What is high yield investing?
External ratings agencies assign credit ratings to companies and governments issuing bonds based on an assessment of their credit-worthiness. This rating can help to indicate the issuers likely ability to pay interest and principal as scheduled.
A high credit rating (above BBB or Bba for Standard & Poor’s and Moody’s, respectively) is considered ‘investment grade’ while a low credit rating is considered ‘high yield’ (sometimes called ‘sub-investment grade’ or ‘junk bonds’). High yield bonds are more volatile with higher default risk among underlying issuers versus investment grade bonds. Issuers with low credit ratings need to pay higher interest as incentive to purchase their bonds. As with most investments, higher potential risks demand higher potential rewards to compensate.
The high yield bond market was born in the US and that remains the largest and most liquid market. However, today there is a global high yield market offering potential benefits such as the diversification of Europe or the stronger growth potential of emerging markets.
Why high yield bonds?
High yield bonds offer a number of potential benefits, alongside some specific risks such as higher volatility and higher default rates. In the current environment of persistently low interest rates, bond investors are finding attractive yield difficult to come by. For those in a position to take on higher levels of credit risk, high yield bonds may provide a significant yield enhancement to a well-diversified portfolio.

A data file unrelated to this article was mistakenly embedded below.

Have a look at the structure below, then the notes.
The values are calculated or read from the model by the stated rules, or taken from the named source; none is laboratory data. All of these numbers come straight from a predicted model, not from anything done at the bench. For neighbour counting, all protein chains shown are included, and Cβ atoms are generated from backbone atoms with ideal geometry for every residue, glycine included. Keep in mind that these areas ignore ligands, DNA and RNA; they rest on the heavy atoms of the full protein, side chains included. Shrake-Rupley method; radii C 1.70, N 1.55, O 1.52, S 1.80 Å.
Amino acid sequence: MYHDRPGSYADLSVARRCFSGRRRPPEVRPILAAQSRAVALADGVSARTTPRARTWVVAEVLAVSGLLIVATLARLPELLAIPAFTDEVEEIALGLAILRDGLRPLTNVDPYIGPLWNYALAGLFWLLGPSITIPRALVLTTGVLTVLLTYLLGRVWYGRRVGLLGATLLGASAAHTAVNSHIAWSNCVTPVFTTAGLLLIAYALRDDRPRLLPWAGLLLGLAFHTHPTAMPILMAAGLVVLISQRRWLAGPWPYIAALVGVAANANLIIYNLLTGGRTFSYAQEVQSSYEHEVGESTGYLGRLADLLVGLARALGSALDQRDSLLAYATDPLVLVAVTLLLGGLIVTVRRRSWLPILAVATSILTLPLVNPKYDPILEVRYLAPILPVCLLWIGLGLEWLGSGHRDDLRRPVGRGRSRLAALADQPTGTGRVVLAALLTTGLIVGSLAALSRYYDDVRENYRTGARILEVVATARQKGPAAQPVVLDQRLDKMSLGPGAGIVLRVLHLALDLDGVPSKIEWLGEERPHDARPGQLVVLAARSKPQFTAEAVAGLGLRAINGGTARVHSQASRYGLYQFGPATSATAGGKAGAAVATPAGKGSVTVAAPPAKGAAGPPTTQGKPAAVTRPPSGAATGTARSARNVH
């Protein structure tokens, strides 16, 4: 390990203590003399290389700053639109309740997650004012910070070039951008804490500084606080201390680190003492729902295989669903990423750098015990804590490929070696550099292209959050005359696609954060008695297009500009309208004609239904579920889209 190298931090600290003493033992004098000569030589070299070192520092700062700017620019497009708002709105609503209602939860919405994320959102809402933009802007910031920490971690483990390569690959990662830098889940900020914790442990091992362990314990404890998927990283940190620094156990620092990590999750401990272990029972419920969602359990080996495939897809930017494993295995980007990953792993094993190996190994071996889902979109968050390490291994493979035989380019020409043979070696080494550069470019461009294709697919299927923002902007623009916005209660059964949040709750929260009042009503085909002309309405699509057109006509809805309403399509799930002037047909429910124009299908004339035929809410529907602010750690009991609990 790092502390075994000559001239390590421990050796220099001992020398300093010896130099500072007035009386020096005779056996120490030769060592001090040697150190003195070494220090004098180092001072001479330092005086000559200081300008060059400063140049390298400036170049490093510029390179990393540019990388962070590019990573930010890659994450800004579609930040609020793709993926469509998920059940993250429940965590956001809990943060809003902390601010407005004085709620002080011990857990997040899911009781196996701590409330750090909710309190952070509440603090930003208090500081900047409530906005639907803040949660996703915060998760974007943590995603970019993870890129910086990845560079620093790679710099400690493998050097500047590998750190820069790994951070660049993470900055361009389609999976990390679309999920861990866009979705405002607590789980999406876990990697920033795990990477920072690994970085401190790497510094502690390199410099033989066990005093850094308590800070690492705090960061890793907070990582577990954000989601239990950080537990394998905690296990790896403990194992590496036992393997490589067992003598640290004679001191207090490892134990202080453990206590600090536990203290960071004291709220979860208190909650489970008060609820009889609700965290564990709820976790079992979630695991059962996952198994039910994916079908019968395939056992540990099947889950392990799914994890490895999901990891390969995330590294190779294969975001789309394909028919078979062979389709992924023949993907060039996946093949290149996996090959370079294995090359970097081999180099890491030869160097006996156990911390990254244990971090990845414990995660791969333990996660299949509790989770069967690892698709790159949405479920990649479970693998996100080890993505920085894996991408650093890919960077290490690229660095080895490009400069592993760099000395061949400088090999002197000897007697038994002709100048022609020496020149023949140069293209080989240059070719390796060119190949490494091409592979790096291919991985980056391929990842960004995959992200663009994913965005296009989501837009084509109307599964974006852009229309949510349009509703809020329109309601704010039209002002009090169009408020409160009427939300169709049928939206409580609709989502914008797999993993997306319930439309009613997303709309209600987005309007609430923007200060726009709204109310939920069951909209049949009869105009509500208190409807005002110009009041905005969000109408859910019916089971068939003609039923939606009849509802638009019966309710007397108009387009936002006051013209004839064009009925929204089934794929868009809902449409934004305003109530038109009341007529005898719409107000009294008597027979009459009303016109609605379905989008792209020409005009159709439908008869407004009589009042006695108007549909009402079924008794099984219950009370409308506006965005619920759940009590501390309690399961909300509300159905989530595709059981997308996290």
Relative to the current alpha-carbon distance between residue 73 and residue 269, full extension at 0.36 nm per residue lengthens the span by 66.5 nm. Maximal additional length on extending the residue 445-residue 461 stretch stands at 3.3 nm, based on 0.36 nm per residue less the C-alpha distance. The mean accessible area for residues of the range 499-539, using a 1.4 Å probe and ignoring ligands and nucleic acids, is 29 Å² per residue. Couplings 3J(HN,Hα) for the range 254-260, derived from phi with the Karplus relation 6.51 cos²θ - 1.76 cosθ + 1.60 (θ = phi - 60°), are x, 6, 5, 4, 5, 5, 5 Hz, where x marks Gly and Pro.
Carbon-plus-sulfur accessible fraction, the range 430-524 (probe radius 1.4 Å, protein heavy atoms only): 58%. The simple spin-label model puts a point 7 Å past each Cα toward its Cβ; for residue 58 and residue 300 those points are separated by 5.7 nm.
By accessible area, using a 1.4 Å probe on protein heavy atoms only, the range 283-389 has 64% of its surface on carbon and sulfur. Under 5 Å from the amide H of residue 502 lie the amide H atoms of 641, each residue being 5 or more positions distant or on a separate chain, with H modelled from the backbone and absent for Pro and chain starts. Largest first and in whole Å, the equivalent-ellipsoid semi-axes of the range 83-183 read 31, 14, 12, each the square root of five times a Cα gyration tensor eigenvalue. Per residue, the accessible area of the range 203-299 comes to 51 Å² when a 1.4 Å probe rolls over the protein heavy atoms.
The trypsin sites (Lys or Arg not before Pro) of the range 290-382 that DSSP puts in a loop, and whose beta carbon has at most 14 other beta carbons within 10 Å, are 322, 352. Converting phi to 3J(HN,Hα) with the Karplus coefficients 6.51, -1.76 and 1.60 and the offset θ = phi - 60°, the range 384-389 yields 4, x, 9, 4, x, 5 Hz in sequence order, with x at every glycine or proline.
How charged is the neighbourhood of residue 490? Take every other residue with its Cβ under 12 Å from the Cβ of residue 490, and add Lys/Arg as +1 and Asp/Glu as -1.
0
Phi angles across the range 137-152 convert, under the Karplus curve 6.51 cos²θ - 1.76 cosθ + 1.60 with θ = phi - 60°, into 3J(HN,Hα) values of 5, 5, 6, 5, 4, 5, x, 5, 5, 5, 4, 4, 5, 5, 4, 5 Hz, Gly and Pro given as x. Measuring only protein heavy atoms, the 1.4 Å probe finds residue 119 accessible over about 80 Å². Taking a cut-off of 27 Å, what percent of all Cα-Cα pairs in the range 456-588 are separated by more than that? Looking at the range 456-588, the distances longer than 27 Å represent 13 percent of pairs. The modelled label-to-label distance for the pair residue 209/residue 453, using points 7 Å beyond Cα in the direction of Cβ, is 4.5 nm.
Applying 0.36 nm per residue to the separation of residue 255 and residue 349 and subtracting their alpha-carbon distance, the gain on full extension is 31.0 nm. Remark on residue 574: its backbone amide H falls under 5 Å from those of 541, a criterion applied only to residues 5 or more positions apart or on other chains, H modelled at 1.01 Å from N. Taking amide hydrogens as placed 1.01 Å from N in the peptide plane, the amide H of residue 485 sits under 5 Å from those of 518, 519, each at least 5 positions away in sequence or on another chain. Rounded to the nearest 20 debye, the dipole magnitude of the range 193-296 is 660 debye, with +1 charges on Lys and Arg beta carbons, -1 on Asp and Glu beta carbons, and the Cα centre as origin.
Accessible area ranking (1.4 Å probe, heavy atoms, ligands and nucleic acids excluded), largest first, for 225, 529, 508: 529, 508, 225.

Higher yield and diversification
In addition to significantly higher income than investment grade bonds, high yield often behaves differently to other areas of the fixed income universe so can provide important diversification to a broader fixed income portfolio.
Equity-like return with lower volatility
There is also the potential for capital growth. Historically, the high yield market has delivered a long-term return profile broadly in-line with equities1. Like equities, high yield bond prices can increase as a result of improved performance of the issuing company or a wider economic upturn. However, the typically higher income component of high yield bonds means that they are generally less volatile than equities.
High yield bonds are typically issued with shorter maturities than many investment grade bonds (generally less than 10 years) and therefore tend to have relatively lower duration. This means a high yield strategy may be less exposed to interest rate risk than most investment grade strategies.